By Uri Farber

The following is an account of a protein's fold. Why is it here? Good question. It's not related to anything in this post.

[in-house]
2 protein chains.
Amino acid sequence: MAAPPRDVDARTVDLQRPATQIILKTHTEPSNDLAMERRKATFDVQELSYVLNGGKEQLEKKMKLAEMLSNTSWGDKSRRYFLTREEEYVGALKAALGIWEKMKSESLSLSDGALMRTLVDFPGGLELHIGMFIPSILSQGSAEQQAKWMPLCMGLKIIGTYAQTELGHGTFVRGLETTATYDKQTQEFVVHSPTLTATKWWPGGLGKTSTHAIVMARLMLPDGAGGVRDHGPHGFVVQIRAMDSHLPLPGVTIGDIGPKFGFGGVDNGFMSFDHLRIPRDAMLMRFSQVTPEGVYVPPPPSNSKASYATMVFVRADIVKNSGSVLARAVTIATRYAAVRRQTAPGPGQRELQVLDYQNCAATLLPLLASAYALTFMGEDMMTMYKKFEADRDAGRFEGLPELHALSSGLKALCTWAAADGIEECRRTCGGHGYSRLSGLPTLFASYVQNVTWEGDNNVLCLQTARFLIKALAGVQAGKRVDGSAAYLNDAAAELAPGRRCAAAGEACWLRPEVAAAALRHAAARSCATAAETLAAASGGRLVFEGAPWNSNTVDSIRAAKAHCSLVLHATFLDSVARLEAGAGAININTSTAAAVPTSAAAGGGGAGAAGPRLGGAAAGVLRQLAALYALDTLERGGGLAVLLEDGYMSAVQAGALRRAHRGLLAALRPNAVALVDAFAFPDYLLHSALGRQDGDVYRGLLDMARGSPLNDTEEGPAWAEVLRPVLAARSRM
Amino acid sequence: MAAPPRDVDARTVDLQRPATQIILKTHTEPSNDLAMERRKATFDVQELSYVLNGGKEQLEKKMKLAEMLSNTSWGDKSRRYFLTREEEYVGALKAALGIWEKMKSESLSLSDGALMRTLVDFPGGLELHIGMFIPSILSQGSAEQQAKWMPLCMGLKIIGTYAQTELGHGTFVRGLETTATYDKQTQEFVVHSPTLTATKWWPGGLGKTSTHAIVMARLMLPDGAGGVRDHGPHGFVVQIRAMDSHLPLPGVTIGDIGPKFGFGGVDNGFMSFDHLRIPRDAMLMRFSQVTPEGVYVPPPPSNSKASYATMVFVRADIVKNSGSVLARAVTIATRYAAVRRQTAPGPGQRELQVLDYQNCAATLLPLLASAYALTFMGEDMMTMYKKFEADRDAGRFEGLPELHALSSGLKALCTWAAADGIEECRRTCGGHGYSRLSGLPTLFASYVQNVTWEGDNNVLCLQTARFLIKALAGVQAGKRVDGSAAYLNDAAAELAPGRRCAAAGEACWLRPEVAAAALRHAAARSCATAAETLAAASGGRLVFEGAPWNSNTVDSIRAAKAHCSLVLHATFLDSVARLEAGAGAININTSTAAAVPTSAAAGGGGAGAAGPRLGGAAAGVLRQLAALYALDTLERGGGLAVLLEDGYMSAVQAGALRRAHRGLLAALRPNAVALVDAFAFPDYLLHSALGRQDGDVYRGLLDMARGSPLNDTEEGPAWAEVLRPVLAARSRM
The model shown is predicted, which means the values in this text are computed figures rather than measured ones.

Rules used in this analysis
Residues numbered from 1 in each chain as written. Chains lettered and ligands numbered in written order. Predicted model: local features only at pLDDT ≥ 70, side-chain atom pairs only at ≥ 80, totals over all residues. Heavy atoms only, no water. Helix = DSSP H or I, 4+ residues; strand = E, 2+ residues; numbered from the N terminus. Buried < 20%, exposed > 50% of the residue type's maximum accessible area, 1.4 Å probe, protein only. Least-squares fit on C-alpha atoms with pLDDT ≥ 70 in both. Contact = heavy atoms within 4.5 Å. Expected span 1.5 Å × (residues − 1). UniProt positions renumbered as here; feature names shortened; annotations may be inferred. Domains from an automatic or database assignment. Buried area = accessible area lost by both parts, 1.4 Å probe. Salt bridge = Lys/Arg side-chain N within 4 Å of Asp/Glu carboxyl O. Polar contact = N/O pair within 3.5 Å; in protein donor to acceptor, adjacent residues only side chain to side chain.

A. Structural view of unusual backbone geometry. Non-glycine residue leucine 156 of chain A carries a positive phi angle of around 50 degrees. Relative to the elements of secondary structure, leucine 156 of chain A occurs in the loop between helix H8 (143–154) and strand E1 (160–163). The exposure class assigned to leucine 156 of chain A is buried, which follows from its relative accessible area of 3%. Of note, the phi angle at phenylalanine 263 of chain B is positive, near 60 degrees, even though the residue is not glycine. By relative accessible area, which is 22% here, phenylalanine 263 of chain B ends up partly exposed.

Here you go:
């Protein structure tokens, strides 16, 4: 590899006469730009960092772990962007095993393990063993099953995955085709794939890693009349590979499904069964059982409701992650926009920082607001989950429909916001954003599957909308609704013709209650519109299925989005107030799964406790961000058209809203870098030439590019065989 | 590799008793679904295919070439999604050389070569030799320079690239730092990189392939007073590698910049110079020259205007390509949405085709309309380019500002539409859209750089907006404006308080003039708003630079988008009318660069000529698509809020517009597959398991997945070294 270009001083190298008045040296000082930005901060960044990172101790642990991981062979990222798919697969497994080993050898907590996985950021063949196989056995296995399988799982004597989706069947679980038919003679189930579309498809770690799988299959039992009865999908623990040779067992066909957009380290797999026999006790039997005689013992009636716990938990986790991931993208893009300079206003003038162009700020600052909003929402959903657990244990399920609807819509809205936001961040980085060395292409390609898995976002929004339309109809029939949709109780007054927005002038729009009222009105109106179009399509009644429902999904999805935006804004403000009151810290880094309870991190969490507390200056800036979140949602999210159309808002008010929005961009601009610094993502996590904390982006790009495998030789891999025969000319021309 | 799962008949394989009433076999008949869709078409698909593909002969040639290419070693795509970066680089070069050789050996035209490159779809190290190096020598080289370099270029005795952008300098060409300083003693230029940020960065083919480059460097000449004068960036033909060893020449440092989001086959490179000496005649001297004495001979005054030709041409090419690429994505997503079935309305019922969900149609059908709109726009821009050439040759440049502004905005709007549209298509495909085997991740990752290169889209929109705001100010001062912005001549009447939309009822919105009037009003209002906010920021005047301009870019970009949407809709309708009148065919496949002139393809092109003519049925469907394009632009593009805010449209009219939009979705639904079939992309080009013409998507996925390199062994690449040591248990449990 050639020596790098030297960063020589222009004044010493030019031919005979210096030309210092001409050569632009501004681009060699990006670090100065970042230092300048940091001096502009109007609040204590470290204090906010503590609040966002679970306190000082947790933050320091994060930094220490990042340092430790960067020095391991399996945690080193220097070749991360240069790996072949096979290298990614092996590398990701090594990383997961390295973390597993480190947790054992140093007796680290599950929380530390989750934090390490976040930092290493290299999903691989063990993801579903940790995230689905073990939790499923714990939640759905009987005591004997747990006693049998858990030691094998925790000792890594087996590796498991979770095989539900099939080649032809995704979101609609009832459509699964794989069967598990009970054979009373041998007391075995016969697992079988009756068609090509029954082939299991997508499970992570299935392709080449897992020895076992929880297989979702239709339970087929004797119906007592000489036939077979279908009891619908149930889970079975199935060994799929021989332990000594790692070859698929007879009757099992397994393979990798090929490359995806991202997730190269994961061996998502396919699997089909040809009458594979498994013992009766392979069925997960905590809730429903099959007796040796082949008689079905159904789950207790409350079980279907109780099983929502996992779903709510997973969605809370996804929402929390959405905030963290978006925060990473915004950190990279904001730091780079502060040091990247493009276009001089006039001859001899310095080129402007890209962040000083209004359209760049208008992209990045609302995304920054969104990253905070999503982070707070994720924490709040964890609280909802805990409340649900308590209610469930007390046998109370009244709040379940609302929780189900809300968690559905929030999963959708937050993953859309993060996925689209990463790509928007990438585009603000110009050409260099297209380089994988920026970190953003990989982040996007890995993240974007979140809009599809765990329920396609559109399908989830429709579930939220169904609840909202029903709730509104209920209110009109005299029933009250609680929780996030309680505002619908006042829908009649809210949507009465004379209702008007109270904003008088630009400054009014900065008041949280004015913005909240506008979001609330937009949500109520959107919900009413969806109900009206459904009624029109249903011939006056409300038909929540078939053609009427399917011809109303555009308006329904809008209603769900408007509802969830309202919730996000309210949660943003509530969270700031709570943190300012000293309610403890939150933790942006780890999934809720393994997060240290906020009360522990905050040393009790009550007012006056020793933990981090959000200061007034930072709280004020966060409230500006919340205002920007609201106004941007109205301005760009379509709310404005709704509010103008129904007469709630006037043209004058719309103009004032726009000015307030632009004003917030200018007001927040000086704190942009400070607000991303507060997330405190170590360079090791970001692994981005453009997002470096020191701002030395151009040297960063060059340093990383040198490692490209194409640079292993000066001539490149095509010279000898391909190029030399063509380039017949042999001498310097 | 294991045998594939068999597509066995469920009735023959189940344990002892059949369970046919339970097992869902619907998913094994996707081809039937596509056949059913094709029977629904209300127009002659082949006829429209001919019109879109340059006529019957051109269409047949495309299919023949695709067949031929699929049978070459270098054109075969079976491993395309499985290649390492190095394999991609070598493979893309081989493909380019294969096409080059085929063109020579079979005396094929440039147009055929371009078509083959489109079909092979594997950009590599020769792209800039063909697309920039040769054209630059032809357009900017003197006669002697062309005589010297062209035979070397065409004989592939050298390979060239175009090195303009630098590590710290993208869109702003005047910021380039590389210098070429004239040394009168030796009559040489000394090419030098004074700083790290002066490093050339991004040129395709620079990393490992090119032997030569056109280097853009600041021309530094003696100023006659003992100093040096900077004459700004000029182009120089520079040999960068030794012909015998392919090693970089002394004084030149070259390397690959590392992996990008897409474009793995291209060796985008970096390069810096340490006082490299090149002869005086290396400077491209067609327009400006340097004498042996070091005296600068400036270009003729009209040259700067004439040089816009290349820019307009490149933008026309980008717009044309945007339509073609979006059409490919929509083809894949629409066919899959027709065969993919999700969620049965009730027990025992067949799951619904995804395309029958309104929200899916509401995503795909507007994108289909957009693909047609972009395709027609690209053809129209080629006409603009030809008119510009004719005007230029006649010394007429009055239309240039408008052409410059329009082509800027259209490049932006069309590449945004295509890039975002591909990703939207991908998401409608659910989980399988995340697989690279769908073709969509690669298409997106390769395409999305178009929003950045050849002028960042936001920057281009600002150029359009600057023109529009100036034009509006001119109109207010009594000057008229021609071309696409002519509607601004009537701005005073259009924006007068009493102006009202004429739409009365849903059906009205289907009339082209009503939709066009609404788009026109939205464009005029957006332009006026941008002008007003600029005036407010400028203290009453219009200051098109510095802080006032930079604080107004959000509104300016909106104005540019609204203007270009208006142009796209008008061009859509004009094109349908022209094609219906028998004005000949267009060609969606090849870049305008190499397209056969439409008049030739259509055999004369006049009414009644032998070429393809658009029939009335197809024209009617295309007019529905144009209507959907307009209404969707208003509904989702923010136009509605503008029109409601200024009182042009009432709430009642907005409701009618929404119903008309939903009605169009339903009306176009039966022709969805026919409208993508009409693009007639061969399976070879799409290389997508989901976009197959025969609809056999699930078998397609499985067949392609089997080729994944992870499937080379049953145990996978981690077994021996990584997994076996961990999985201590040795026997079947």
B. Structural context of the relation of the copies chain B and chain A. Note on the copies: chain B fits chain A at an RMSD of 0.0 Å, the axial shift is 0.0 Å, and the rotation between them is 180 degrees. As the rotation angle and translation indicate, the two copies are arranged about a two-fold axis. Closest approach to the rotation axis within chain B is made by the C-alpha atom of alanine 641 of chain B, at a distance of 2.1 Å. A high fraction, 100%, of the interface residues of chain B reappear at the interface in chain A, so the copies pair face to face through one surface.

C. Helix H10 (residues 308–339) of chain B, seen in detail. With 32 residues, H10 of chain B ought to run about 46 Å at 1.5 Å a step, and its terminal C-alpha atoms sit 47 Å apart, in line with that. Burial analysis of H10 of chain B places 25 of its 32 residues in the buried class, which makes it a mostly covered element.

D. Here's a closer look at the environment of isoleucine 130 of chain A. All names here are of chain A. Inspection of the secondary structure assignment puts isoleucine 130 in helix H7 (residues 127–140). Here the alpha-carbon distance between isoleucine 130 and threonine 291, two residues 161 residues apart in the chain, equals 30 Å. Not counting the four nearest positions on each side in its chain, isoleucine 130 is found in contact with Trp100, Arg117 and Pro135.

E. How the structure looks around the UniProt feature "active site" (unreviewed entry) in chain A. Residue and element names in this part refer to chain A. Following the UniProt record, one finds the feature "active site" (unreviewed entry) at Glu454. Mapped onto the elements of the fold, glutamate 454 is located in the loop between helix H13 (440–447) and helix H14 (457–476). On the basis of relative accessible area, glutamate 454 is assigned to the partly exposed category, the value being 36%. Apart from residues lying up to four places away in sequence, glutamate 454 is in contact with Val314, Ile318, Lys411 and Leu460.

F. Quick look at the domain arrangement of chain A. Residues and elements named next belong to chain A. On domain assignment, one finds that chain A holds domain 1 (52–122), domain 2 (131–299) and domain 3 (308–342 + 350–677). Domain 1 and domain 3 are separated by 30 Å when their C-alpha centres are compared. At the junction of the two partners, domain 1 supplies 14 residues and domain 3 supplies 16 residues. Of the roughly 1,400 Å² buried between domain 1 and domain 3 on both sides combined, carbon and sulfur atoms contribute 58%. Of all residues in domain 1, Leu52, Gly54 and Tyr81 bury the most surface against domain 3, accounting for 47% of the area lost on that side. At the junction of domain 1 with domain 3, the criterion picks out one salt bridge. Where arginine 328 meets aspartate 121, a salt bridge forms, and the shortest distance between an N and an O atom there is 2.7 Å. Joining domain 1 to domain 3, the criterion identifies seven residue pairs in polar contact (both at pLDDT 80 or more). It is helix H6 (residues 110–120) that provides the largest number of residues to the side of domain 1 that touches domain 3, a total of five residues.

When I woke up Monday February 3rd, I didn’t expect to spend my day feeling hopeless. I didn’t expect to write more in my notebook for one speaker than all of the previous speakers combined. I didn’t expect to be in shock. Around 10AM, we arrived at Bar-Ilan University in Tel Aviv to hear from Dr. David Passig, a professor of Future Studies there. Dr. Passig’s job is to use statistics, history trends, and probabilities, to calculate what he believes the potential future to be. Though his predictions covered events spanning the globe, he spoke to us mostly on the future of the Jewish people and the State of Israel. Before I outline his predictions, it is important for me to note that I do not know the methodologies he uses to arrive at these conclusions and to me, a complete and total amateur at predicting the future who would argue that given the irrationality of human behavior it is inherently unpredictable and therefore any attempt to do so is at best gambling, these are nothing more than guesses. He argued that the Jewish future in America is minimal while Israel’s Jewish population will double by 2050 and triple by 2100 with the American Jewish population falling from 6 million to 1 million in that time frame. For someone who wants to work in the American Jewish world, which is highly different from the Israeli one, this can be troubling news. What community will exist here for us to work in in 30 years, or will we be left jobless with non-transferable skills just as our kids are going to college? But then I thought some more about the reality he predicted. We, as future Jewish leaders, are going to have an effect on that reality. We, as Nachshon fellows, are going to be equipped to create, strengthen, and preserve Jewish communities in the US, which are going to be the skills needed in America for the coming century.